The definition of redundancy, as is relevant to your particular case, is a reduced...read more
Less than a third of working mums take an hour’s lunch break, according to a Workingmums.co.uk’s poll.
The poll shows 43% of mums regularly work through their lunch break; 28% take a short break of around 20 minutes and just 29% say they take a longer break.
Several women said they skimped on their lunch break because they had to leave punctually to pick up children from childcare. Another said she didn’t even think of stopping.
But one woman who did take a lunch break said it was important to have a break and get some fresh air.
There is no legal right to a lunch break. However, according to the Working Time Regulations (WTR), workers are entitled to one uninterrupted 20-minute rest break during the working day, provided they work more than six hours in a day. School leavers who are under 18 are entitled to a 30-minute rest break if working for longer than 4.5 hours.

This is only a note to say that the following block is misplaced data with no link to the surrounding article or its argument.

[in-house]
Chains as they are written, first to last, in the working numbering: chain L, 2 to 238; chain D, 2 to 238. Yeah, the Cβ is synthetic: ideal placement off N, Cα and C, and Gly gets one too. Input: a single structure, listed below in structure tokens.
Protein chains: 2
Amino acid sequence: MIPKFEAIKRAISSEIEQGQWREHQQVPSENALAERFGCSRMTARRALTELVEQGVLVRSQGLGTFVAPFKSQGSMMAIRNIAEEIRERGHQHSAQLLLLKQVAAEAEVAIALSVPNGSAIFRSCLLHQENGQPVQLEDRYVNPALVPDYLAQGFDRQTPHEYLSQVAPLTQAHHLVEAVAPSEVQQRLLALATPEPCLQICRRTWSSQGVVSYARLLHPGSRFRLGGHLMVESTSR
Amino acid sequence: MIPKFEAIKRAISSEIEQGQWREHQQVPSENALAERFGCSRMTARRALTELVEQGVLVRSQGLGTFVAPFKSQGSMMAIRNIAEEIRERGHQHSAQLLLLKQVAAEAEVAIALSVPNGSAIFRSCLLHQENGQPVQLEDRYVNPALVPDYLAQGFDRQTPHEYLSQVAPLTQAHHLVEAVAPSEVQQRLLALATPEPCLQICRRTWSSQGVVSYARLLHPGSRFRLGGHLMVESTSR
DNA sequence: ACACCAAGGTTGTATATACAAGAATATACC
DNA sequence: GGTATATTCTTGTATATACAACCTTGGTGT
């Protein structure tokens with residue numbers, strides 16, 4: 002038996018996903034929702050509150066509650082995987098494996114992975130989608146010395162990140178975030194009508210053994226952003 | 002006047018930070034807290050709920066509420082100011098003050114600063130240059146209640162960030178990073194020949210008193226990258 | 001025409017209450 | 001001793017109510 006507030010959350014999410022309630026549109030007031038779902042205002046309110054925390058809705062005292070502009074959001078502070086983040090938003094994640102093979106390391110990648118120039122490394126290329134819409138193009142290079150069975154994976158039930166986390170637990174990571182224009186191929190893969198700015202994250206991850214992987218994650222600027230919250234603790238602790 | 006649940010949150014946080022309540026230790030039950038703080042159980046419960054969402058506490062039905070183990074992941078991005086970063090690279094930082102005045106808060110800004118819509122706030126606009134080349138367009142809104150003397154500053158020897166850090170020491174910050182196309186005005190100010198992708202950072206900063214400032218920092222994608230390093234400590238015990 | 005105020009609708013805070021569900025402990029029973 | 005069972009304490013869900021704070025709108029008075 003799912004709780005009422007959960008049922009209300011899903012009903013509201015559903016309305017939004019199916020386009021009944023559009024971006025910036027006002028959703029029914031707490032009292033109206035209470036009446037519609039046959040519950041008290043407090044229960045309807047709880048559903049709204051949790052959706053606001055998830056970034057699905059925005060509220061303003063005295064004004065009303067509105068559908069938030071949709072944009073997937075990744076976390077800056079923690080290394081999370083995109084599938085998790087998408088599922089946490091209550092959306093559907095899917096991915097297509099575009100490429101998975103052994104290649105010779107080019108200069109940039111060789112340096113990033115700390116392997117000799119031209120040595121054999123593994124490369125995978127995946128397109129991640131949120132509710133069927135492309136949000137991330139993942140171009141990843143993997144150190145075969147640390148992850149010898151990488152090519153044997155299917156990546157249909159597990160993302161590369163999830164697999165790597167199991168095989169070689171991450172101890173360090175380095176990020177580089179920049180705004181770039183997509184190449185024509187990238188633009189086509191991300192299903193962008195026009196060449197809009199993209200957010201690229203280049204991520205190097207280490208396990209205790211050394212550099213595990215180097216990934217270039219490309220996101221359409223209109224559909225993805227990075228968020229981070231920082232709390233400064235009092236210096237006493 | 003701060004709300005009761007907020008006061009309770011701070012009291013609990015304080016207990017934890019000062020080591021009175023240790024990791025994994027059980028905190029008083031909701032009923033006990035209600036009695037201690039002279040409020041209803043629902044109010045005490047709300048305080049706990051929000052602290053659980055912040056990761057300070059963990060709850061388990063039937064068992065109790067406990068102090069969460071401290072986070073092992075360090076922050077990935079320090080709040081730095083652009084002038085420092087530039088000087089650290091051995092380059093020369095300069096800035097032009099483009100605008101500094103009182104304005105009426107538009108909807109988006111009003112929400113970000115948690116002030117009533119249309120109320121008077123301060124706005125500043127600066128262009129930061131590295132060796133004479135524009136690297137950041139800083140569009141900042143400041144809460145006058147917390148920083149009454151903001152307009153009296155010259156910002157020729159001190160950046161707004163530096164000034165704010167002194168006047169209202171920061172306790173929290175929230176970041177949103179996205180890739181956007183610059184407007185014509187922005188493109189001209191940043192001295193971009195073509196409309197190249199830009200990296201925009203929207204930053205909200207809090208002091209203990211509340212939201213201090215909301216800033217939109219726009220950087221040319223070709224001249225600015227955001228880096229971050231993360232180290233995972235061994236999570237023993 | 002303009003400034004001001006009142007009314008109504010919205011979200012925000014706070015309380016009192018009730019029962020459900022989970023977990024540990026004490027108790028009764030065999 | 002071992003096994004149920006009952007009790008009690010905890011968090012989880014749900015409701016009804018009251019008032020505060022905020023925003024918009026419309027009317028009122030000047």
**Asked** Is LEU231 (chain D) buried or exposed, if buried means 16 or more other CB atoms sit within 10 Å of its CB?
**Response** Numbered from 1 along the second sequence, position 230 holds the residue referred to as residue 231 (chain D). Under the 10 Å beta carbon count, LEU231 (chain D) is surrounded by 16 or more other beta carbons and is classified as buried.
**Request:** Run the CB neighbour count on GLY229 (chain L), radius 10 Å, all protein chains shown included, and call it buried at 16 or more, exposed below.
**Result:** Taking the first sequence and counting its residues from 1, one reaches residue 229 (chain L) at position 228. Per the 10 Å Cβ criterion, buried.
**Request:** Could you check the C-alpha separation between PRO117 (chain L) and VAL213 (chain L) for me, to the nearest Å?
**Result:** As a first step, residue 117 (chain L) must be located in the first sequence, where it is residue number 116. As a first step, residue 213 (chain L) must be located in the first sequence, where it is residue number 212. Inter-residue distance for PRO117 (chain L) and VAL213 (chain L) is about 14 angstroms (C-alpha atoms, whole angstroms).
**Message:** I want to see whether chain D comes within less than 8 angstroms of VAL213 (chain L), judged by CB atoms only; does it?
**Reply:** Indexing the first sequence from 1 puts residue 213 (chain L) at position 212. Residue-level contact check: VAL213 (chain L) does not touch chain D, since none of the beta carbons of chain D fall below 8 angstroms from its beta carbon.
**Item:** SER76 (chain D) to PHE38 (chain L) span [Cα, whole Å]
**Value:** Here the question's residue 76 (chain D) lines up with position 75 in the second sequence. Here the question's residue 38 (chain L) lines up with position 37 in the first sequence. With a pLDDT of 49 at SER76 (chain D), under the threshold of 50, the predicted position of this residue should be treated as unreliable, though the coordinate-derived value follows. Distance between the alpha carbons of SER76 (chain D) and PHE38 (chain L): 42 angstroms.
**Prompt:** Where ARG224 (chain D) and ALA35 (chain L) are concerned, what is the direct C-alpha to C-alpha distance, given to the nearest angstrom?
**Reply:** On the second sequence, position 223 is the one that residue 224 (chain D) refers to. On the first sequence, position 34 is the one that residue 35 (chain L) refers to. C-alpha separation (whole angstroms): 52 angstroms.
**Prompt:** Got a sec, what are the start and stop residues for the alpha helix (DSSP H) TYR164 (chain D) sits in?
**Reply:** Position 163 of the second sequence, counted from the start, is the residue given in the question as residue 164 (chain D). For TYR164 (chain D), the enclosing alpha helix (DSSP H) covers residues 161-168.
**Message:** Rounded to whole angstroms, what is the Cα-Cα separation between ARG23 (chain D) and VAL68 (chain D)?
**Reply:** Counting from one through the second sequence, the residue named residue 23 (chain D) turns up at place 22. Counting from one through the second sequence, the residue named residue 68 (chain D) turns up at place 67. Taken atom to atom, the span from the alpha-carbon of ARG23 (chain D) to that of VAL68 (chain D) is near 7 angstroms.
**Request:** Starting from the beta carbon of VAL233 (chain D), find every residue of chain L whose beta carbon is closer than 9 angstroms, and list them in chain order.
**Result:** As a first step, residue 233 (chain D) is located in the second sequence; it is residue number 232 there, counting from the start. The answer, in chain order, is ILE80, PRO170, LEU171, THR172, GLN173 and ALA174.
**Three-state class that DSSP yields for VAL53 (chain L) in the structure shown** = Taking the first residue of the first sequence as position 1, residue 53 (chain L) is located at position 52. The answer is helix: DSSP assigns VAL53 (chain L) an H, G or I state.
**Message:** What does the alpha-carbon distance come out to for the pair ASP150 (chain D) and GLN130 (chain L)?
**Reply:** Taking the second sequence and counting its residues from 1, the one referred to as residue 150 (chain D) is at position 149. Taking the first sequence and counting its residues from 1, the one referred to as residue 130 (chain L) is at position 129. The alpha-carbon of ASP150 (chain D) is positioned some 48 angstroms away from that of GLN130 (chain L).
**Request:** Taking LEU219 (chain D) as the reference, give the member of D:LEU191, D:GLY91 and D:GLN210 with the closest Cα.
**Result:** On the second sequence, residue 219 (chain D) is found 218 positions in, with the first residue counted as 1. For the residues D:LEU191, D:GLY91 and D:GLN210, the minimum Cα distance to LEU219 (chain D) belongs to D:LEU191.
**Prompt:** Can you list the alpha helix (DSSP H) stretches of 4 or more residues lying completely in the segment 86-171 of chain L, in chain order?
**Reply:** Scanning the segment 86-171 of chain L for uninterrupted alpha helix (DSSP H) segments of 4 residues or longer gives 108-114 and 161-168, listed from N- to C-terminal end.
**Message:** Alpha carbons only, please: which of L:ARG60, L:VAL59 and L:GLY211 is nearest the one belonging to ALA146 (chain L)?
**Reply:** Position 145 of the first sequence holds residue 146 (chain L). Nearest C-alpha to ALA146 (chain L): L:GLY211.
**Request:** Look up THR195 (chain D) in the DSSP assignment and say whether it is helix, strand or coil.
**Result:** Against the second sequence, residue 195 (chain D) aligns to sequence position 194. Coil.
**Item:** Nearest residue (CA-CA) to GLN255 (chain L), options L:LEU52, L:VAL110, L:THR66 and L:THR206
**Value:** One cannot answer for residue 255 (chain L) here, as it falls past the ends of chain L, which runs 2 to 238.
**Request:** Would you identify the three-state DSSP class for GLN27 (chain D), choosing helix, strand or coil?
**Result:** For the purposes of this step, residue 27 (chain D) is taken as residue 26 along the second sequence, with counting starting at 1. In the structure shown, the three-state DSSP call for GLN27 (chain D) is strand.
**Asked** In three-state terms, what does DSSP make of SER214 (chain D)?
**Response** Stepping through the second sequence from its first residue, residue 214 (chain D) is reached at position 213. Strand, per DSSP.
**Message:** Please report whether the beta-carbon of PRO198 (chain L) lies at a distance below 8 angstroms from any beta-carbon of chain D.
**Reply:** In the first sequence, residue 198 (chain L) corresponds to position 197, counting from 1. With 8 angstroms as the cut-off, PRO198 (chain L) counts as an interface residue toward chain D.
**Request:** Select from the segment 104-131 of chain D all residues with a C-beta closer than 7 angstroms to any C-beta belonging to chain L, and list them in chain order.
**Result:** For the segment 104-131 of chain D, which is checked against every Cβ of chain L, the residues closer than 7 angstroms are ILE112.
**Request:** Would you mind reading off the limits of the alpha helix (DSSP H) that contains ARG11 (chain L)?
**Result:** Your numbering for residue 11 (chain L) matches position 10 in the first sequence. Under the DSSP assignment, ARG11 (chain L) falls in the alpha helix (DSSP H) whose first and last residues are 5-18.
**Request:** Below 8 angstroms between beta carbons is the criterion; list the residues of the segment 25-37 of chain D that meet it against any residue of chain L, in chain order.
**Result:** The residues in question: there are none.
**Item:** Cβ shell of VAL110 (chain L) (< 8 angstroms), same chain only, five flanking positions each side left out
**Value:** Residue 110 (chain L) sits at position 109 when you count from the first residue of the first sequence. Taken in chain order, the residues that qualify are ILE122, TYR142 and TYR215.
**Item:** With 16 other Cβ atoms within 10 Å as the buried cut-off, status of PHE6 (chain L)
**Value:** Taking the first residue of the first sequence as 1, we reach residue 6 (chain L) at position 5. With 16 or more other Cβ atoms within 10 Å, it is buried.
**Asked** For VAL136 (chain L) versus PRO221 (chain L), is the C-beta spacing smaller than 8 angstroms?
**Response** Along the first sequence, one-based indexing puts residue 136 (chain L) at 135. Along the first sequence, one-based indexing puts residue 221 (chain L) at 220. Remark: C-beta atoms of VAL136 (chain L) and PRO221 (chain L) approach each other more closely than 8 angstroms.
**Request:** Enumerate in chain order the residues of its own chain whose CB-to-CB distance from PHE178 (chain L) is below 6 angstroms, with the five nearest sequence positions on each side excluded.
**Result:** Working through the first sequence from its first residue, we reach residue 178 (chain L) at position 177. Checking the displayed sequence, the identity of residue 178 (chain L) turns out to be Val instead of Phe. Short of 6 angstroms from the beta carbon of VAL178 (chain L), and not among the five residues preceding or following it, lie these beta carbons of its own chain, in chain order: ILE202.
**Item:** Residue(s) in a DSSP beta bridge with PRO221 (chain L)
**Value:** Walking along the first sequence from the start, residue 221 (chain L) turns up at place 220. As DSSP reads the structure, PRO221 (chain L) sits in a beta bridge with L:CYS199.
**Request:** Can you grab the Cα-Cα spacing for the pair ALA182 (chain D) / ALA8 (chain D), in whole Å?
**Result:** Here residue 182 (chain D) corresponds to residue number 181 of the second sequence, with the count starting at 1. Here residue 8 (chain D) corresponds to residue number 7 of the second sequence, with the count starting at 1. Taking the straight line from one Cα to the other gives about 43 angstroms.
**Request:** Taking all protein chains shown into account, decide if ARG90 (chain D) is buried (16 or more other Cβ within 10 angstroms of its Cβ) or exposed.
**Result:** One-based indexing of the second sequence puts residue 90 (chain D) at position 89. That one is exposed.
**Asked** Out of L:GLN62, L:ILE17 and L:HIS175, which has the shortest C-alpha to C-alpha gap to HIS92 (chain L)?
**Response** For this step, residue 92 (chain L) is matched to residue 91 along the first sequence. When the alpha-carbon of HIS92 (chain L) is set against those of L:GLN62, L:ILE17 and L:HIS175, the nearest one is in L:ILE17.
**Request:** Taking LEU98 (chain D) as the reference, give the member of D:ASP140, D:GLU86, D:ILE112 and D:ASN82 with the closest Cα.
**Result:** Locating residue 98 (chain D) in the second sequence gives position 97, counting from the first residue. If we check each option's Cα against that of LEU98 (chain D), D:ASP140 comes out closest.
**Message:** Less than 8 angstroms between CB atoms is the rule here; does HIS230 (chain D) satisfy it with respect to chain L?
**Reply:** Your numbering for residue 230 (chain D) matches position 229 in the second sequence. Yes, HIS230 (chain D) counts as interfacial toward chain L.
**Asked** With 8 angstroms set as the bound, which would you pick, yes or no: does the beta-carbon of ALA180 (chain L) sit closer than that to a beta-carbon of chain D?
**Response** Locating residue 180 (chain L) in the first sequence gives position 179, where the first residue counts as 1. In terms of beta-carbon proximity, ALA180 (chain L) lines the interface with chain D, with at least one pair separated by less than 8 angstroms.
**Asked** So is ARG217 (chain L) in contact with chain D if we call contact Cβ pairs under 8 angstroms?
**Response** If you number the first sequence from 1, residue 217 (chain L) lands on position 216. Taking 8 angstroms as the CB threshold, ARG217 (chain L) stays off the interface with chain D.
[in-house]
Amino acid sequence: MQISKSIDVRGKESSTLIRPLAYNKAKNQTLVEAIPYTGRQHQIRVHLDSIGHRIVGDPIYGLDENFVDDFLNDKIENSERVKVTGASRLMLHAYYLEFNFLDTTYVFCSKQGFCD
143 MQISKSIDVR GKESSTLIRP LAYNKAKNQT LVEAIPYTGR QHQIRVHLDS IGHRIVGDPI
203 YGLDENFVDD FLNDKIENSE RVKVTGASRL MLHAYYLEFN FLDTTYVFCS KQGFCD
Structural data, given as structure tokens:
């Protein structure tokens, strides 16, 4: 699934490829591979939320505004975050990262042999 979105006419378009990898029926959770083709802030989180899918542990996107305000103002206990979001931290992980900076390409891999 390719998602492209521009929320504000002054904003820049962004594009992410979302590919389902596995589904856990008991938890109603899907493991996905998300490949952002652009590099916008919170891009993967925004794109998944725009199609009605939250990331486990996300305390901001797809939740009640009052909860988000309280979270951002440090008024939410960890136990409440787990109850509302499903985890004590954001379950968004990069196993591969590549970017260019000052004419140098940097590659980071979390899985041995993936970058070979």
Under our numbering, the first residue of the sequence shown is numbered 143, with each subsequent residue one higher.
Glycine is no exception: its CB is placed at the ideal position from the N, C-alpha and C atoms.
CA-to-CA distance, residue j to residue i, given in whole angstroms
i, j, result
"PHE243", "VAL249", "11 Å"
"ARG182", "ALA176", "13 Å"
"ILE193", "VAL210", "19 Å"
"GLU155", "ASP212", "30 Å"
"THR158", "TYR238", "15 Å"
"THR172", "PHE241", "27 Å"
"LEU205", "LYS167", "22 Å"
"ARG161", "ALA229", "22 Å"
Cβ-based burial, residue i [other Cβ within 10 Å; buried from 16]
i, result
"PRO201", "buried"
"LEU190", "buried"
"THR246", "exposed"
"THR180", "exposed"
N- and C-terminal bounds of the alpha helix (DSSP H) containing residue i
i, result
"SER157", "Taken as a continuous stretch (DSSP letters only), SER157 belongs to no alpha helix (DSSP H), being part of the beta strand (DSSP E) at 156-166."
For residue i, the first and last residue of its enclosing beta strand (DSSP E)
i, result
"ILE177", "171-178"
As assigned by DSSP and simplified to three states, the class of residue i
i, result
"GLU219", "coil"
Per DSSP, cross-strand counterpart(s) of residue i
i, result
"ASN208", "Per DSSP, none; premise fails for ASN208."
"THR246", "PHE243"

Acas says an employee’s contract may specify a longer break or additional breaks and employers can split the 20 minutes into two lots of 10 minutes, but only if collectively agreed with the workforce.
Workers should be able to take those 20-minute breaks away from their work station and at some point during the working day, but the employer can decide when and they don’t have to pay for the breaks.
Acas says it is in both employers’ and employees’ interests for workers to take breaks since studies have shown that heavy workloads and stress can make workers less productive, increase the risk of mistakes and affect health.
More information on rest breaks can be found here.